Brad Cummings Wrote A Nice, Non-Bigoted Letter

He’s absolutely spot-on about the Republican Party and not hating the gays.

Kudos to him for speaking up while so many others don’t have the cojones to do so.

Here’s a bit of it:

Before this most recent Election Day, I believed that while gay marriage is an important issue, most people vote with their pocketbooks first. Logically, the Romney/Ryan ticket would have broad appeal, especially in this time of economic malaise. Mitt Romney, the turnaround artist, was a man uniquely created and placed here for this time in history.


Our country is shifting center/left on social issues. I miscalculated, and so did many others, by believing that when the ship is sinking social issues become less important.


I also wonder exactly what we are fighting so hard to preserve. I’ve been pro-gay marriage for years but also respect that the original basis for marriage came from religious orthodoxy. Every day, I feel blessed to be married to my wife and our marriage grows stronger each year. But exactly how would that change if two men or two women held the same societal status?


The legalization of gay marriage wouldn’t force churches that disagree with homosexuality to perform marriage ceremonies or infringe on the rights of heterosexual couples.


I see this election as a chance for the GOP to reform socially by listening to the American people and coming back better than ever. The 2016 bench is quite strong and gives all conservatives a reason to be hopeful into the future. Until then, if you need me, I’ll be working on my homemade Rubio 2016 yard sign.

Click here to read the entire thing.

The sentiment of what he wrote will be good for those who read it. Glad to see him point out that being a single issue voter is silly. Unfortunately for Cummings, talk is cheap. Anybody can say they don’t hate the gays.

It’s time for people like Cummings to put their money where their mouths are. Supporting and promoting people like Damon Thayer, Andy Barr and Herman Cain won’t cut it. Doing so because they’re supportive of expanded gambling or some random fiscal policy one enjoys is silly and hypocritical.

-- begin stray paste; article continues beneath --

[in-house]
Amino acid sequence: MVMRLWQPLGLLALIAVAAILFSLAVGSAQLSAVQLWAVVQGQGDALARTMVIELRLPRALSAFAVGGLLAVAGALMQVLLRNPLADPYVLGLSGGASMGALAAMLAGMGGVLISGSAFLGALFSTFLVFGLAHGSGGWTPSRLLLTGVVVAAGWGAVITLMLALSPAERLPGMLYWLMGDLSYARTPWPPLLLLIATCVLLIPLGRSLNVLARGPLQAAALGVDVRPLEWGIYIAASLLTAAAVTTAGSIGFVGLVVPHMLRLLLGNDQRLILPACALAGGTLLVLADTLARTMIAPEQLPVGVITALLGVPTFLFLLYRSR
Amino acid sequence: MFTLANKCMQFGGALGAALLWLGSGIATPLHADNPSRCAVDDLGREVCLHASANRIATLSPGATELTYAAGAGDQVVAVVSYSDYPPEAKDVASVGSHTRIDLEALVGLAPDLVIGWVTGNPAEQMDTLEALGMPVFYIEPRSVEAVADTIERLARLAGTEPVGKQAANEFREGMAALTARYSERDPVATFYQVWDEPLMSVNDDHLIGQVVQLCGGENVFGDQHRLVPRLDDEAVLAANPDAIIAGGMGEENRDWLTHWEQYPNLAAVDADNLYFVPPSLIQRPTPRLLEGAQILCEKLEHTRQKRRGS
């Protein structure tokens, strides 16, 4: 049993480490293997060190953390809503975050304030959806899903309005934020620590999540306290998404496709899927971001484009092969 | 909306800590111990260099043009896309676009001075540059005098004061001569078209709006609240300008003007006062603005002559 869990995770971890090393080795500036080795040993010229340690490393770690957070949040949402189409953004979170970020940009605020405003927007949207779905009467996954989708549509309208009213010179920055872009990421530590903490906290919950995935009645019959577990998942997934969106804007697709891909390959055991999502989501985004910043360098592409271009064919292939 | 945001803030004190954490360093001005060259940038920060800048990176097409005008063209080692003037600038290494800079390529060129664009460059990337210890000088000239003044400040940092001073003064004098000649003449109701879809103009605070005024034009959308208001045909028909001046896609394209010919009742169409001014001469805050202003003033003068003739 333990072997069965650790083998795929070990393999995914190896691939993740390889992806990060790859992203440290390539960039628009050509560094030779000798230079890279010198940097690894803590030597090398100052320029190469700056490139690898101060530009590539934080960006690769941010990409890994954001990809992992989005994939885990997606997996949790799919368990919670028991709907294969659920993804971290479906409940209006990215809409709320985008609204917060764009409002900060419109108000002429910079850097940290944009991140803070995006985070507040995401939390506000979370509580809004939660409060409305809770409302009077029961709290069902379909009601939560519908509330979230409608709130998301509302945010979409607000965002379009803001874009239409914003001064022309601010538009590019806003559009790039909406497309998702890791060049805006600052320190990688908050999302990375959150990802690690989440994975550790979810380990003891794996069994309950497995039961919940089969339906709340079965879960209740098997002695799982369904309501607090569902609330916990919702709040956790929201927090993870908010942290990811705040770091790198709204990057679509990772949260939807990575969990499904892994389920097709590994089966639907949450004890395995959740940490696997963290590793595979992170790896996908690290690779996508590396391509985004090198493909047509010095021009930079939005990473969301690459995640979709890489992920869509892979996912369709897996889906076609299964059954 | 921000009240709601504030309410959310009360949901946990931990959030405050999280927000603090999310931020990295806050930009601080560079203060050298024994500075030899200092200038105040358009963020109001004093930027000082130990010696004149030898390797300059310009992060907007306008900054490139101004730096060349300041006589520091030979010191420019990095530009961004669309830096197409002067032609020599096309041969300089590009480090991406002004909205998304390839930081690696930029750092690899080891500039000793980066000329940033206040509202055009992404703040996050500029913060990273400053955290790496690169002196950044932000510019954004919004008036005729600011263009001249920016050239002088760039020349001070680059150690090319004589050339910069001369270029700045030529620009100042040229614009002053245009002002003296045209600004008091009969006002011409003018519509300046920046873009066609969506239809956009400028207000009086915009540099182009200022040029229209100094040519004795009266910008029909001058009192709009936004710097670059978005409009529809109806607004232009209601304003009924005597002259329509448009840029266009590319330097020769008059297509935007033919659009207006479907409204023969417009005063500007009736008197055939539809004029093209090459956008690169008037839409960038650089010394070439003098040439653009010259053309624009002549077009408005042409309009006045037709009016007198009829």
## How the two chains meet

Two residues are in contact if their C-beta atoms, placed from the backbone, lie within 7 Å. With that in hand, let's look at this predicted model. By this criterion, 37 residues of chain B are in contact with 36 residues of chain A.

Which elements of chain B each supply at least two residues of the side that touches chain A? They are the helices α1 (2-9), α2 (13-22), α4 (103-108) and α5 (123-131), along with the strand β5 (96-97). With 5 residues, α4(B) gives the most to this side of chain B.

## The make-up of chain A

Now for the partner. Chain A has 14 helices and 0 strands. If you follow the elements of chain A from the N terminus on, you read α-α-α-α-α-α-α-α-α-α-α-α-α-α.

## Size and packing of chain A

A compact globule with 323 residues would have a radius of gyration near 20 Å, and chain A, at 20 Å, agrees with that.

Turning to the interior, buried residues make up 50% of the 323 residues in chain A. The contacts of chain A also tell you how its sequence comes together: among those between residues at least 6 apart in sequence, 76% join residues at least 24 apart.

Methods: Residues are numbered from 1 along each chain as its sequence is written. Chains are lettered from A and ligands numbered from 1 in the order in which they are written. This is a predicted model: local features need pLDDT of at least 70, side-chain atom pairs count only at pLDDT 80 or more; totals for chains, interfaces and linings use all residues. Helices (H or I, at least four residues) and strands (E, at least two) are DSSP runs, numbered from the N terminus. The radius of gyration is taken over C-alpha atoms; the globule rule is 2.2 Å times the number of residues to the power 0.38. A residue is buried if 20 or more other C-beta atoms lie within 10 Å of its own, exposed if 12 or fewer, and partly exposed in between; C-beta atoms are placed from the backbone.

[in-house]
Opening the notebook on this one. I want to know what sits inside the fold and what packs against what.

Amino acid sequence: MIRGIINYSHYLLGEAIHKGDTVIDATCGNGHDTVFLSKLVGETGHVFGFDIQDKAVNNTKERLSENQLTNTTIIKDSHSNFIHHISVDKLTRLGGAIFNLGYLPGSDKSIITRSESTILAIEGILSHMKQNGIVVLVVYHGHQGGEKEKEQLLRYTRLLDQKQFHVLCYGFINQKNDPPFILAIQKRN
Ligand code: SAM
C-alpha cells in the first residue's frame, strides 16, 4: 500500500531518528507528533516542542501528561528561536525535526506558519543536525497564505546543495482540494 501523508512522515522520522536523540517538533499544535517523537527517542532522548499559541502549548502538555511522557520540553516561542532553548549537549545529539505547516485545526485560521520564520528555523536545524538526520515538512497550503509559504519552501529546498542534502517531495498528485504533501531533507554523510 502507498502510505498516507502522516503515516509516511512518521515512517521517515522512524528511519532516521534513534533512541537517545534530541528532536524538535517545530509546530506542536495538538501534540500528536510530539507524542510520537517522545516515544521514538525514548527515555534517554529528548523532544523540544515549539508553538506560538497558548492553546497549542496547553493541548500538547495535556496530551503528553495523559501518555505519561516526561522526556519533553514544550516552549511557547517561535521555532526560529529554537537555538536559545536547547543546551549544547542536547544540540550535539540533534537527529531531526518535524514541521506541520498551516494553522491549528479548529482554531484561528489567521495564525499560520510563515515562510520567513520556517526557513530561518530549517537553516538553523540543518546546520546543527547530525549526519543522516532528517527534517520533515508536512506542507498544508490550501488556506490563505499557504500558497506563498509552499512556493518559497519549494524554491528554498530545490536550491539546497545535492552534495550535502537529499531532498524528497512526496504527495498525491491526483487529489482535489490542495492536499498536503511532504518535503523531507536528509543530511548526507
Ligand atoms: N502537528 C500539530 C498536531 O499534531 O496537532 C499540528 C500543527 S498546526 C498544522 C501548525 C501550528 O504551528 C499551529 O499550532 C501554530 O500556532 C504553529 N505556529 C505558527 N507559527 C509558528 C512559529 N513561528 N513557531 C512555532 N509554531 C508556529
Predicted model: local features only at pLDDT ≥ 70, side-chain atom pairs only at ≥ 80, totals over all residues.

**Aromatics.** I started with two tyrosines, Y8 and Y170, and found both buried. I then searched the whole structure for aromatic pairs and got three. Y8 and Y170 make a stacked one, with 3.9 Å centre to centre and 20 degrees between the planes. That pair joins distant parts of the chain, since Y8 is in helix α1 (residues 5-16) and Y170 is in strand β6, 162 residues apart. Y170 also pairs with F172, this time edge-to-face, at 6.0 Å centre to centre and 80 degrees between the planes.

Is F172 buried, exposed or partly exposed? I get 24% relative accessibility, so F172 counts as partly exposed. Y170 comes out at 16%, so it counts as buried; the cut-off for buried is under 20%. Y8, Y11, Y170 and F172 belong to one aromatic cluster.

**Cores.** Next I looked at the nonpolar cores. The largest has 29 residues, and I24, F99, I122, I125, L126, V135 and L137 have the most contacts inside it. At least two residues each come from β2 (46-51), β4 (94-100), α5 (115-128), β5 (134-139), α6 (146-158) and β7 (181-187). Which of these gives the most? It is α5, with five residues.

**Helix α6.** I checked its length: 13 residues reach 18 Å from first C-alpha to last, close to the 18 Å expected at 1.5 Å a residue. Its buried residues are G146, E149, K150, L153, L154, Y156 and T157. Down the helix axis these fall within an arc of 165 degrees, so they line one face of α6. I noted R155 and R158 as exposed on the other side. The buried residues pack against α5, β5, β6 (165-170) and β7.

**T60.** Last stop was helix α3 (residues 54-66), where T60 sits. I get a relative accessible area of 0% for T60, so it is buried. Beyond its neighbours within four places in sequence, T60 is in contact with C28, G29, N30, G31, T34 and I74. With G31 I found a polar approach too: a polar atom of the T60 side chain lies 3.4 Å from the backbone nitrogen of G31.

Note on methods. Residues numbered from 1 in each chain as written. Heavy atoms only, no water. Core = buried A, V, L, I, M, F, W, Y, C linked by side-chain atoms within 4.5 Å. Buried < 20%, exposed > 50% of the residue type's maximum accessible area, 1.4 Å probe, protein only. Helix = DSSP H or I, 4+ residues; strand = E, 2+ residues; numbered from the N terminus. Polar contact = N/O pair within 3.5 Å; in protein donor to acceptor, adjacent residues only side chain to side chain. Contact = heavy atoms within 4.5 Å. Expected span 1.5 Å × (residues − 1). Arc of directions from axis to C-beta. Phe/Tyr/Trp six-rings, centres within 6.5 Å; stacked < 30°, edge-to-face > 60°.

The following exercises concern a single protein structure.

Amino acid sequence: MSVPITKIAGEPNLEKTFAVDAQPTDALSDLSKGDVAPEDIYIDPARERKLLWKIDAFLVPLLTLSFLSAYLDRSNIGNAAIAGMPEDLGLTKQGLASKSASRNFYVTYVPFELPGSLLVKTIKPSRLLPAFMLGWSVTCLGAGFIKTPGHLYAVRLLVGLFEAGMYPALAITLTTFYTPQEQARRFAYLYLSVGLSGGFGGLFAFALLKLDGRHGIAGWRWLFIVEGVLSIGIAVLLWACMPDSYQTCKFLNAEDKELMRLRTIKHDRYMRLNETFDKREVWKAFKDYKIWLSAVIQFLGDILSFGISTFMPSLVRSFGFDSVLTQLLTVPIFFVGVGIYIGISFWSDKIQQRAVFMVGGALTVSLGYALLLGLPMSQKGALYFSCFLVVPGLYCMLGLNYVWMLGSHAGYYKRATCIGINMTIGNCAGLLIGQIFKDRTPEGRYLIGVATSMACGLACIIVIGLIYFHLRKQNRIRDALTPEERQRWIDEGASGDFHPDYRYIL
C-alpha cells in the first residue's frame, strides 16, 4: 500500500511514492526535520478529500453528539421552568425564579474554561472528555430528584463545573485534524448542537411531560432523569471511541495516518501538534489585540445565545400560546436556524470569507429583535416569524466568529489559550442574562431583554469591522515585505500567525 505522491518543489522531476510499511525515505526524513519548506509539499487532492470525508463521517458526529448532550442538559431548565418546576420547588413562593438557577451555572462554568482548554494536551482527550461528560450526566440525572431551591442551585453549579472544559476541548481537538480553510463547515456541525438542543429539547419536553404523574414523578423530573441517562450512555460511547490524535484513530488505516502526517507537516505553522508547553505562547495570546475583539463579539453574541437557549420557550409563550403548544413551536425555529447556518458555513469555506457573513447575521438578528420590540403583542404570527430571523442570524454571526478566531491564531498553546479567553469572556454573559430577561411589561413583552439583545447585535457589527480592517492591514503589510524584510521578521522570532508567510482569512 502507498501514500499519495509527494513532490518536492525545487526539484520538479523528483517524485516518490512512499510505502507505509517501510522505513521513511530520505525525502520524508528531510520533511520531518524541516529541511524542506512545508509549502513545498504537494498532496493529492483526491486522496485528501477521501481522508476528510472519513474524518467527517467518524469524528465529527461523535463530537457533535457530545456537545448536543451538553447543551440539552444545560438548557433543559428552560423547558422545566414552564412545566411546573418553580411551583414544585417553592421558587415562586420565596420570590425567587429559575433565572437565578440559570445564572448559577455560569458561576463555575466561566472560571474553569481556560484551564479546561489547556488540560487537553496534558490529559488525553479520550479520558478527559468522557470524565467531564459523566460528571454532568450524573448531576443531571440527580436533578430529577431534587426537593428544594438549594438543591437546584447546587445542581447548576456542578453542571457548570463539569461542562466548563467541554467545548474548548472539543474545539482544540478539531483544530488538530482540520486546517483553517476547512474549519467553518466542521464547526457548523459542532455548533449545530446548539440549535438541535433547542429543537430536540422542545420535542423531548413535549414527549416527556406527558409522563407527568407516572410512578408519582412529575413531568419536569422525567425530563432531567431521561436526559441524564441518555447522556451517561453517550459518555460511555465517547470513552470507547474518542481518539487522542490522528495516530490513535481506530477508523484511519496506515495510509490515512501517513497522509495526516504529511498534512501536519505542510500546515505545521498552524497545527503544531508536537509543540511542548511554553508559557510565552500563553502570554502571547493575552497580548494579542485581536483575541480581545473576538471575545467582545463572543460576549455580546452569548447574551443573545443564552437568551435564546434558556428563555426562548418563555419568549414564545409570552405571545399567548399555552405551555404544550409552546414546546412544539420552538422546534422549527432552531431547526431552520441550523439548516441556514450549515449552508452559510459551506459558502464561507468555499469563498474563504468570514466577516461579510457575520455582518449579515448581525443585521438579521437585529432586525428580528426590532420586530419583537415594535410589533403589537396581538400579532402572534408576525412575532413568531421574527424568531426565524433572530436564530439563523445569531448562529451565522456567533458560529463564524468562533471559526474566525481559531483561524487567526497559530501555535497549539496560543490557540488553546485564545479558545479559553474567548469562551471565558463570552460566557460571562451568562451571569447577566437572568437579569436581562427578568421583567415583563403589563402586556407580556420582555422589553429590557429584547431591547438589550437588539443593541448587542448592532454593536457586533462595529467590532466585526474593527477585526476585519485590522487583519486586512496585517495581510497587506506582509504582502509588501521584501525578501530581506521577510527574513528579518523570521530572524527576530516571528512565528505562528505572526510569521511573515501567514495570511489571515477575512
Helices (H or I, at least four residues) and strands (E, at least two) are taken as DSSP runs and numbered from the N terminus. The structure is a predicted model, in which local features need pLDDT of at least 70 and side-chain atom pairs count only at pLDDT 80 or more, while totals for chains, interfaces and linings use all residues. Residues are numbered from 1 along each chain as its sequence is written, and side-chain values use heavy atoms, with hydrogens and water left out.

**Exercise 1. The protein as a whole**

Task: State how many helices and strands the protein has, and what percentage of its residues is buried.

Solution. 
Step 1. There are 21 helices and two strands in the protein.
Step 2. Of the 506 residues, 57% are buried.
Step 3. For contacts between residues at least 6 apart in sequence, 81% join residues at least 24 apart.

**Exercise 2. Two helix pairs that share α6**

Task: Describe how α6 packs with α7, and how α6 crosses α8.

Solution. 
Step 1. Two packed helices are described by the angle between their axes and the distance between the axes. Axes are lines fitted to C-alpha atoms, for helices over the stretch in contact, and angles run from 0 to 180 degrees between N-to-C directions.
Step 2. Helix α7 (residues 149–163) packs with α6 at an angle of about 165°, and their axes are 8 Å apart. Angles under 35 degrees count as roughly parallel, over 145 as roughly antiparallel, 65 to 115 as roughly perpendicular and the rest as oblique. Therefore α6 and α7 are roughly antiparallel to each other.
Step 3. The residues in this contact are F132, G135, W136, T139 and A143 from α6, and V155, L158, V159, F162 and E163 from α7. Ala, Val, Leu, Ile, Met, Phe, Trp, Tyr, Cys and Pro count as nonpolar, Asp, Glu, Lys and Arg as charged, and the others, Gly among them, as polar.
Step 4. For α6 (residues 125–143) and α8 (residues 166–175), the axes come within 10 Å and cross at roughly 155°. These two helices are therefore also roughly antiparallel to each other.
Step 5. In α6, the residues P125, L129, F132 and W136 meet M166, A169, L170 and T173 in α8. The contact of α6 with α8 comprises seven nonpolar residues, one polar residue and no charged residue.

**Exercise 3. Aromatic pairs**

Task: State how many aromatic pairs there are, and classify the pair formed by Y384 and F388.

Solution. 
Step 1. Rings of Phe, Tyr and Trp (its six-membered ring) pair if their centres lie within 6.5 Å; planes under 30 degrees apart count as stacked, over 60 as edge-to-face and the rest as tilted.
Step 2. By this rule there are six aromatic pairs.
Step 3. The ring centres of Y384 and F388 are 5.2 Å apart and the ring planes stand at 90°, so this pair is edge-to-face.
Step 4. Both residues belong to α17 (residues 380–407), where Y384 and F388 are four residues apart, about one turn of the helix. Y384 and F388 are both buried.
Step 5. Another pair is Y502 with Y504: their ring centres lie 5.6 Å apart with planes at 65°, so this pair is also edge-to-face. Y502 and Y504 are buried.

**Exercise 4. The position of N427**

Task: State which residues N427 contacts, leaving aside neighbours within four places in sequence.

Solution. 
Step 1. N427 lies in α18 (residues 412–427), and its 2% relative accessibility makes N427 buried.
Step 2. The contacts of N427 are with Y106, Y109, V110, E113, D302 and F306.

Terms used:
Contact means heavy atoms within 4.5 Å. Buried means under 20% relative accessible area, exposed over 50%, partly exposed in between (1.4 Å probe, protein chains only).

If one can’t stand up to people like Damon Thayer for his discriminatory voting history and the policies he routinely and hypocritically pushes for fear of ruffling feathers, their words fall on deaf ears.

Until people practice what they preach on this front (I’m looking at these people: Holly Harris, Steve Robertson, Brad Cummings, Julie Raque Adams, Steve Beshear, Ben Chandler, Greg Stumbo, Jonathan Hurst)? Then the Jeff Hoovers and Jim DeCesares of the world will routinely morph from professed common sensers to bigots pandering for votes every election cycle.

It’s 2012. Not the 1950s or 1960s, as Cummings points out in his letter. So there’s no reason to play soft with your friends just because they support gambling or cutting taxes. The only people Republicans have to be soft with are those so far to the right they have low IQs and firmly believe Barack Obama is a Muslim terrorist.

If you value your tax rate more than your neighbor’s right not to be kicked out of their home, not to be fired from their job, not to be prohibited from seeing their partner as they die in a hospital, not to lose out of their partner’s assets when they die? Solely because of their sexual orientation? Then you need to reevaluate your priorities. If your priorities are in check and you’re afraid to point out when your friends continually promote bigotry? Don’t act surprised when people roll their eyes.

There is no excuse for complacency.